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Consider this: Racism is an addiction.

Updated: Jun 11



The topic of racism has been flooding my awareness lately, much more than it typically does. And inherently, I just have to say, that there is an immediate level of guilt and shame attached to me admitting that to all of you. But, ultimately, that's my truth.




As a white woman, growing up in middle class America, I have never had to know what it feels like to be judged, oppressed, or in fact murdered, due to the color of my skin.




Although my family has struggled in various ways since I was a kid, I cannot even begin to fathom the level of oppression that a black person, or a person of color has had to endure in this country, since the beginning of its inception. I want to be clear that I cannot understand and will never understand. But regardless of that, I commit to being an ally of the black community and communities of people of color, by helping other people in my life, specifically white people, to expand their minds in ways that are necessary to the growth of our humanity as a collective.




With that being said, the blog below is my articulation of how I have come to view and understand racism, from a personal perspective. Alcoholism has been something that has affected my family and personal life in relationships since I was a child. And since addiction is such a complex and traumatic issue, I felt it could be a gateway comparison to get others (specifically white people) in my life to potentially see a new perspective of just how pervasive, alive and deadly racism truly is.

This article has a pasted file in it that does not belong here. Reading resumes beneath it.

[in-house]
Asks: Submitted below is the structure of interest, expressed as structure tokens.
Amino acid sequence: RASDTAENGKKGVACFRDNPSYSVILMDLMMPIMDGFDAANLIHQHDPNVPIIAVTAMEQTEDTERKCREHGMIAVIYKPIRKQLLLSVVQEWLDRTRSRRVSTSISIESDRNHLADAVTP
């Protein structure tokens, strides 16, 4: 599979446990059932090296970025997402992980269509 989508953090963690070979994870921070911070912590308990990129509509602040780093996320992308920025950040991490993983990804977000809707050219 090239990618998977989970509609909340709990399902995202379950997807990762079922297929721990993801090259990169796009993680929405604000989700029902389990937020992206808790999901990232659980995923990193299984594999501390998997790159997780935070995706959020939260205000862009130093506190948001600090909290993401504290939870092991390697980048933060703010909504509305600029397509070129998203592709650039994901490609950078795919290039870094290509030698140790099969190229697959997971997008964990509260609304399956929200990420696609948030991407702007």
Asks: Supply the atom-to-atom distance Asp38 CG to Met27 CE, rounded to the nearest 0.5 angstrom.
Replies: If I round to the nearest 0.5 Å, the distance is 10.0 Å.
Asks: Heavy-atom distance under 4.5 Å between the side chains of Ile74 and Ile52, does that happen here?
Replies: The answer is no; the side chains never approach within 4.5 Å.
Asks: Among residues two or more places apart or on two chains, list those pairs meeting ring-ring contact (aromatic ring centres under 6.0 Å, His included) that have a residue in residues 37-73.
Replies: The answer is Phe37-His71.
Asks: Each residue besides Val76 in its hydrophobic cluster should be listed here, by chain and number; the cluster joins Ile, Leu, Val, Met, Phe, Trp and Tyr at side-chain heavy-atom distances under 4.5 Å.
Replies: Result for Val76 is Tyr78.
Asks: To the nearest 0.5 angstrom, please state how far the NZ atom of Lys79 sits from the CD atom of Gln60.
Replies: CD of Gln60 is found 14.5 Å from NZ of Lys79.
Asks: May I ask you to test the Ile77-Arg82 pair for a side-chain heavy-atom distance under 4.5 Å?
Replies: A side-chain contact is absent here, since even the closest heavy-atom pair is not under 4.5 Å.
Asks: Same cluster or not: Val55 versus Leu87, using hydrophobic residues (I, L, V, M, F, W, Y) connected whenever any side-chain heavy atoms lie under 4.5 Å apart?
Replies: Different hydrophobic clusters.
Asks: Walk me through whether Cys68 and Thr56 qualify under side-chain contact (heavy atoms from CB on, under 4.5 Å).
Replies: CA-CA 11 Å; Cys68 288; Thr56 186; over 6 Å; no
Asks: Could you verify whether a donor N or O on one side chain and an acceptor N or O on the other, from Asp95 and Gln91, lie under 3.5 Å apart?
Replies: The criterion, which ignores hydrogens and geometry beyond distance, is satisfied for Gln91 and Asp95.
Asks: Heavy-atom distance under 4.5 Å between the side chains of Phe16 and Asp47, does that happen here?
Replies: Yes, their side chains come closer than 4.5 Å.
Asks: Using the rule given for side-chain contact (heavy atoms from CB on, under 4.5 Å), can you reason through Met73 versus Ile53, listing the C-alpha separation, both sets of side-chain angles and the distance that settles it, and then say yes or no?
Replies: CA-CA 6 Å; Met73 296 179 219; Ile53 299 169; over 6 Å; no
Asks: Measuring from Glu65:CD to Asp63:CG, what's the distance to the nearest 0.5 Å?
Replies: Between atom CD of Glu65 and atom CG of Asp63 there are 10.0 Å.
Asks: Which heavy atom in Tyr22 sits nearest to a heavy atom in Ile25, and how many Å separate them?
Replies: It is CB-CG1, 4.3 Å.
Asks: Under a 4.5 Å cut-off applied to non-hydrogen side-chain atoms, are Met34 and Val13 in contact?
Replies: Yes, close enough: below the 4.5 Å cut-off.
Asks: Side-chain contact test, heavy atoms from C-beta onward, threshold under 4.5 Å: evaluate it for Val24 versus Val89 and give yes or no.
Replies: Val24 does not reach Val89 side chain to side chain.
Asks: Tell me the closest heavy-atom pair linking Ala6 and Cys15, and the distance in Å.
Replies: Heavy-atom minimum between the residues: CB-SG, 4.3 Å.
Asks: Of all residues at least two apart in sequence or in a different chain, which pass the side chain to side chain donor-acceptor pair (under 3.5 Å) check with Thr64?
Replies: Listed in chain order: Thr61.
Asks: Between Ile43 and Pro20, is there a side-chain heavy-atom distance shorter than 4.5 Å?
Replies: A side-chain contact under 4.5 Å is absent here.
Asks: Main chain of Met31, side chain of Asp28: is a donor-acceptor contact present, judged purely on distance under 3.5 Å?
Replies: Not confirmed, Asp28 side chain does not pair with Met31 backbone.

I invite you to read the ideas below with an open heart and an open mind. Those two things are needed and necessary if we're ever going to change this systemic problem in our world and in our country and in our communities.



I’ve been around alcoholism all my life. And for a long time, it was normal. Until I had a parent that pointed it out to me, who educated me on just how insidious and dangerous it really is, I didn’t understand the depths of its darkness.

Racism, to me, is a lot like alcoholism— it seeps into the fabrics of your life... slowly, silently, passively. It eventually makes its way into everything you do, every conversation you have and every relationship in your environment. For anyone who understands alcoholism on a personal level (whether you’ve struggled with it or witnessed a close loved one struggle, like me), then you know that an alcoholic will do whatever it takes to protect their addiction. They will lie, cheat, steal, defend and hide in the corner to take a few more sips of their vodka filled flask that’s hidden under the mattress in the bedroom, when no-one’s looking.

Just like an addict will do anything to keep their addiction going because they are ADDICTED TO how it makes them feel, so will a person who is saturated in and “drunk” off of white privilege. This happens often unconsciously, just like addiction does. But even unconscious behavior, is behavior we need to take personal responsibility for.